I’ve already mentioned above the connection with distutils2.

The idea behind packaging PEPs was that they would specify a standard, and tool users could implement to that standard, and people could choose the tools they wanted. It doesn’t always work based on any clear technical merit (at least from what I can tell) - for example, packaging and installer seem “blessed” in a way that distlib is not.

In trying to make distlib useful, I tried to be “innovative” (not especially deep in this area) but some comments I had in the early days was that the innovation was somehow too innovative. Well. sometimes things are just a matter of taste, and you can’t do much about that!

Well, I’ve generally aimed to track PEPs in the packaging area where they apply to distlib, but these days I’m perhaps more reactive than proactive. There was a plan for a time to make JSON-based metadata (which had technical merits - see PEP 426 - but was withdrawn). I spent a fair bit of time updating distlib in line with PEP 426 drafts during development, but I sadly don’t have the time now to engage actively in discussions and implementation iterations around metadata formats. I’ll aim to support PEPs as far as is practical, once they’re final.


Wow, thanks for that absolutely fantastic response, @vsajip ! That answered all my questions and more. I’d been able to clean the basics from the readme, but that provided way more detail, context, insight and analysis beyond just describing the basic facts. It does seem like a real shame that distlib hasn’t seen more use given all the effort involved in creating it.

Just a quick suggestion, that might not be realistic—do you think distlib might see more interest, contribution and adoption if it were hosted on a more widely used platform like GitHub or GitLab? I’m not sure I’m aware of any other active major OSS projects that still use BitBucket (I’m sure there are a few) and I wasn’t even aware it still existed until very recently by chance, whereas I would have encountered it quite a while back just browsing the PyPA org, searching GitHub or elsewhere, as for almost all the other major PyPA projects. However, I understand if you have your reasons for keeping it there, aside from the far from trivial migration cost.

Cheers, and thanks again!

Well, it’s possible - I’ll see about it. Certainly BitBucket wouldn’t be my choice now for new projects, because it is now far behind other platforms in functionality, responsiveness and ease of use, though it does the basics. Since distlib is not targeted at a wide user base, but rather the much smaller number of people working on developing packaging tools, “drive-by” contributions are unlikely to result from a switch to e.g. GitHub. The main reason for keeping it on BitBucket has been because of the existing issues and downloads I would have to migrate, for what might be little benefit. I’m pretty sure the developers of packaging, installer etc. know about distlib already, and it is used by pip, which is pretty central in the packaging space. While there is a mirror of the repository on GitHub, it’s not in the PyPA org. I don’t expect things will change much when I do migrate it, though :man_shrugging:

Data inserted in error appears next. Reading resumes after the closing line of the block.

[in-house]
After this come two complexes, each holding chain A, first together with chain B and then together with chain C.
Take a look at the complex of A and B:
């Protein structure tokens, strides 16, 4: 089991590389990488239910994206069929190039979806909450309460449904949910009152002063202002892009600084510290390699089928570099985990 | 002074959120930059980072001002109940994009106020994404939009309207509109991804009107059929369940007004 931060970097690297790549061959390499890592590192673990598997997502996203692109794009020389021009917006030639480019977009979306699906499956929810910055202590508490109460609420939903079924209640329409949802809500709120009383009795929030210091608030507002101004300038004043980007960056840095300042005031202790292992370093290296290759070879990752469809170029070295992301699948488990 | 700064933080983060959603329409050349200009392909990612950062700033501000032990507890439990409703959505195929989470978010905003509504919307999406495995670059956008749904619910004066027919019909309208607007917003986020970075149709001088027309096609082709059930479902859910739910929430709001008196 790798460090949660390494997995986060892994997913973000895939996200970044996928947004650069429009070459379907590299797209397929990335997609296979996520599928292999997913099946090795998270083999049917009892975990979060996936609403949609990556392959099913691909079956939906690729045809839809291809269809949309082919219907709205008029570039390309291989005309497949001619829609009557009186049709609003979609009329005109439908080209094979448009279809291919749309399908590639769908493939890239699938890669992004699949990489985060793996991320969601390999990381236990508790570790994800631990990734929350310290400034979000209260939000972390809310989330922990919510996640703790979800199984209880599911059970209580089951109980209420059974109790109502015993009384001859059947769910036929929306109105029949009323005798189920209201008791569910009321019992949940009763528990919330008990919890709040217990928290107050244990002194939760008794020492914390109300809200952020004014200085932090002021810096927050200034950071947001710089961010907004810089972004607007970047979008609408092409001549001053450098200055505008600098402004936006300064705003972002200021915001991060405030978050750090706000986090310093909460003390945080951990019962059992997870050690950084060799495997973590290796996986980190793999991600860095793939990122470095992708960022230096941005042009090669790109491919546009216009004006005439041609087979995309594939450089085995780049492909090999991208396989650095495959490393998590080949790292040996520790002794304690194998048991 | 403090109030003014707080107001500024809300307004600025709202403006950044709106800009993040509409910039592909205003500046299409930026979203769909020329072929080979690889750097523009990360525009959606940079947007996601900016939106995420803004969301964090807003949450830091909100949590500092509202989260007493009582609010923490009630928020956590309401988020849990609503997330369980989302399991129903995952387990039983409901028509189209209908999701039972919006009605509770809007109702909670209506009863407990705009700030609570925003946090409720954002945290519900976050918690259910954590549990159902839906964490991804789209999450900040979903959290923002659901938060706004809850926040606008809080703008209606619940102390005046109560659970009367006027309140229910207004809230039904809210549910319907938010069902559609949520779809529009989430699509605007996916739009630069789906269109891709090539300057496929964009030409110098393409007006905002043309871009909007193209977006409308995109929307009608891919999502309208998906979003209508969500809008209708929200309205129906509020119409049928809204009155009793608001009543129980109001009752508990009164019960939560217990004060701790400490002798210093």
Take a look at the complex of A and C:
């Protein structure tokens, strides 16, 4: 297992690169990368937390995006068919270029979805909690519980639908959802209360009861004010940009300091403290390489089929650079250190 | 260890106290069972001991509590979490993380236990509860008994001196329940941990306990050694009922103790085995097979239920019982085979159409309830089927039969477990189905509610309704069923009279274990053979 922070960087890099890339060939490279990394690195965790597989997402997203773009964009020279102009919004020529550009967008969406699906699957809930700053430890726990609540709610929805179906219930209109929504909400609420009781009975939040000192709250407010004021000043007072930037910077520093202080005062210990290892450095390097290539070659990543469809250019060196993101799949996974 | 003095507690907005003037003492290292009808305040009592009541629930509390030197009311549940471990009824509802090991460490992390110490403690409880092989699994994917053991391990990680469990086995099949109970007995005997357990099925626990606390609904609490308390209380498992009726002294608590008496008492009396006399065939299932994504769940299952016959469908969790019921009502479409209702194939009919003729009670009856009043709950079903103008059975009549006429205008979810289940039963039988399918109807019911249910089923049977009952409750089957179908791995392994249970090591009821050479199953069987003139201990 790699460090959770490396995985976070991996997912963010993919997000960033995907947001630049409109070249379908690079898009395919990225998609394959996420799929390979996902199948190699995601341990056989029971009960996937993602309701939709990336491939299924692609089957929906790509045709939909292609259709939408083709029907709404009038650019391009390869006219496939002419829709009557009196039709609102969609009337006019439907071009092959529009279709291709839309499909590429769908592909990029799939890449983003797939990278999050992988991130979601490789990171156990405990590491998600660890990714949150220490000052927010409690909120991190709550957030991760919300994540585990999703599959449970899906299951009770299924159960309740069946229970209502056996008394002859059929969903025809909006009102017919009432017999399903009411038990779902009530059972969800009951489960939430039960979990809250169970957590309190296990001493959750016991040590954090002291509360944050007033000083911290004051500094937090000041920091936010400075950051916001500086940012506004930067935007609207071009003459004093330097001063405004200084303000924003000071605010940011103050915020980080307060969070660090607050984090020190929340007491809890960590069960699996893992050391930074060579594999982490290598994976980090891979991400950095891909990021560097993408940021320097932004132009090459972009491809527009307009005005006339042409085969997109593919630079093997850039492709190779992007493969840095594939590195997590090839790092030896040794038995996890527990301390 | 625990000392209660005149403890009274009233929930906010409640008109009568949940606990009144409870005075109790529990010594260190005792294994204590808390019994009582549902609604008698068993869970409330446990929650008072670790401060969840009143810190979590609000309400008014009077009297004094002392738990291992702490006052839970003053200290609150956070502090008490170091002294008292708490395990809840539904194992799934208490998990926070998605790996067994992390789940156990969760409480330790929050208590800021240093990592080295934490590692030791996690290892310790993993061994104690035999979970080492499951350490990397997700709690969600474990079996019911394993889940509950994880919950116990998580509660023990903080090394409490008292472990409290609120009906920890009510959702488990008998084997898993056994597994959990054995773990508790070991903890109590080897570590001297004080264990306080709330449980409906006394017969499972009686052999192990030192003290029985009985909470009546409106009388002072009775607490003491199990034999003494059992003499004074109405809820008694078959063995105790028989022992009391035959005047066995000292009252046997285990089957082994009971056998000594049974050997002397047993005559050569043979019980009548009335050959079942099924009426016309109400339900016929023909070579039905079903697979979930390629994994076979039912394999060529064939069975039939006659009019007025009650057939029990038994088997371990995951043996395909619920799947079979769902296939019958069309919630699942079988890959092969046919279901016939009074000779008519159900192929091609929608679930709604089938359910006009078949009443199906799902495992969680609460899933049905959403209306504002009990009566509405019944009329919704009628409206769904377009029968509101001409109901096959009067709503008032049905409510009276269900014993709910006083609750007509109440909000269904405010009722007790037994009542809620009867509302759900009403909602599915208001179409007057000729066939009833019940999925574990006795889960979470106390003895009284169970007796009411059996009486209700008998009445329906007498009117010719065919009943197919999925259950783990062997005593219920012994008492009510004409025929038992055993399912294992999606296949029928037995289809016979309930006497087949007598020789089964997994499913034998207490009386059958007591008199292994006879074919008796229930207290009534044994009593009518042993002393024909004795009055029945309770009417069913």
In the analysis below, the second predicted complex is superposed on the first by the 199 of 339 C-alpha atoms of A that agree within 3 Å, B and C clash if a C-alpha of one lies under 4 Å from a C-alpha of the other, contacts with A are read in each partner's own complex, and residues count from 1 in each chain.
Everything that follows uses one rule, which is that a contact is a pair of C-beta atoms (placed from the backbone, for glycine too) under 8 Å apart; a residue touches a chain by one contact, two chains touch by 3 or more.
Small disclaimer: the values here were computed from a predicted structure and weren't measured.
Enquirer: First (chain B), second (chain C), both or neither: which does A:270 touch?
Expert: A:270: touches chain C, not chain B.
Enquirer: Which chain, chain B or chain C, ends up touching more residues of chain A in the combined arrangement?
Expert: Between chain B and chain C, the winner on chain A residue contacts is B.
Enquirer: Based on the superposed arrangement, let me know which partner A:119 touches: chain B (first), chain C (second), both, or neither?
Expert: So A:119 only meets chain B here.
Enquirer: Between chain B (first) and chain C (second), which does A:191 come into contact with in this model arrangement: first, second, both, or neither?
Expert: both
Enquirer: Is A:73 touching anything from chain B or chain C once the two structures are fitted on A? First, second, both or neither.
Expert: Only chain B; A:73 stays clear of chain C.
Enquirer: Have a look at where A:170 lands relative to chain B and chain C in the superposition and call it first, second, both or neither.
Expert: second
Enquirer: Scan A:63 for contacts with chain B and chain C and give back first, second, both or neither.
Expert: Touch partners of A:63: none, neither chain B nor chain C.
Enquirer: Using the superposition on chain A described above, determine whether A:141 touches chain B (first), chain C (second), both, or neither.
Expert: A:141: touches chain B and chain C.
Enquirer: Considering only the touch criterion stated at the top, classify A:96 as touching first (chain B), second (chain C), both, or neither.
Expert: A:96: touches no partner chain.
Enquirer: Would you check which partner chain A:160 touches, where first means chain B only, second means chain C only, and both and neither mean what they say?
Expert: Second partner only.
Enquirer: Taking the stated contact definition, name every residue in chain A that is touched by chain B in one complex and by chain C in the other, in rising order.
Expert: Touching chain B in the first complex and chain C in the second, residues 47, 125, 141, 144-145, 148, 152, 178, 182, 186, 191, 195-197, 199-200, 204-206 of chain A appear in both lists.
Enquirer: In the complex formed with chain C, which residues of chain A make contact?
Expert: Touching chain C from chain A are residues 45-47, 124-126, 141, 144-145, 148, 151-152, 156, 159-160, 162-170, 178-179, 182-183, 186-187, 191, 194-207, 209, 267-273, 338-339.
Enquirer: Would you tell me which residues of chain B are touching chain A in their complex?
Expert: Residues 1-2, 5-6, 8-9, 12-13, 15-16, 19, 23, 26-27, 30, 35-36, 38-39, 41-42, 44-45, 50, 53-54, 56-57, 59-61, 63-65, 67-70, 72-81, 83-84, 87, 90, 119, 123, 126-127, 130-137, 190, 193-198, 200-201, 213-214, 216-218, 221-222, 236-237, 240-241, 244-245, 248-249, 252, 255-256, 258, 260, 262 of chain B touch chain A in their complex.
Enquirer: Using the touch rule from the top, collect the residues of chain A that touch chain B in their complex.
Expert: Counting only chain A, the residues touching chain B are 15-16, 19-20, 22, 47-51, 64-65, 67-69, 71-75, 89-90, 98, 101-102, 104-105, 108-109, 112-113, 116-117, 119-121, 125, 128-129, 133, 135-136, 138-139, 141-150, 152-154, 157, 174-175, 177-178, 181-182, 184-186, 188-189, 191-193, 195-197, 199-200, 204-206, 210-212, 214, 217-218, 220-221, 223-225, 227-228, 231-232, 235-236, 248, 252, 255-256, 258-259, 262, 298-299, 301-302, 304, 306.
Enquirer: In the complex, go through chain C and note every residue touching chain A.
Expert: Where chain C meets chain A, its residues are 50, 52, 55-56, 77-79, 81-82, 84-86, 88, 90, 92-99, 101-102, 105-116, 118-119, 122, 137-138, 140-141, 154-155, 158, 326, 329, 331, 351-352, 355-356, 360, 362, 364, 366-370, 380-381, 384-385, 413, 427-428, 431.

For the record, build does use packaging to check that build dependency versions are satisfied. I think it’s very unfortunate that we have two different libraries under PyPA fulfilling basically the same function.

FWIW, one thing I always feel distlib could benefit from if it drops support for older Python versions is it could be splitted into multiple namespace packages; one reason I see people sited for choosing packaging, re-implementing a Simple Repository API client, etc. over distlib is that people usually just want some subset of packaging features, and distlib is a giant blob with everything most people would never need, such as the JSON API client.

Current support is for 2.7 and 3.6 - 3.10 - which older versions do you mean? Just 2.7?

As for “a giant blob”, I’d like to understand the issue better - is the problem in your view how much disk space it takes up? How much memory it takes up? These days both of these are so cheap and plentiful, it hasn’t occurred to me that those could be an issue. Has someone hit a problem in practice because of the size? When I use a library package, I don’t worry about the bits in it I don’t use, unless they somehow get in the way. After all, Python’s philosophy has long been “batteries included”, and distlib's batteries are all focused on packaging concerns even if they are not all of use to some projects some of the time. Some rough sizes on disk, for comparison (excluding binaries and vendored stuff):

Size Package
128K packaging
412K distlib
220K requests
1.4M setuptools

Given that distlib does quite a bit more than packaging, I think it offers a reasonable bang for the buck. Thoughts about splitting into namespace packages now:

  • It might be a problem because of backward compatibility for existing users.
  • There’s no guarantee of any increased adoption by anyone because that splitting has been done (since they have already committed to packaging or similar).
  • Numerous of the components depend on each other (as you might expect - while the version part might be standalone, the markers part depends on that, the metadata part depends on both of those, and so on - I would expect the same pattern occurs in packaging, and many other libraries). So the size benefits of splitting aren’t very clear-cut.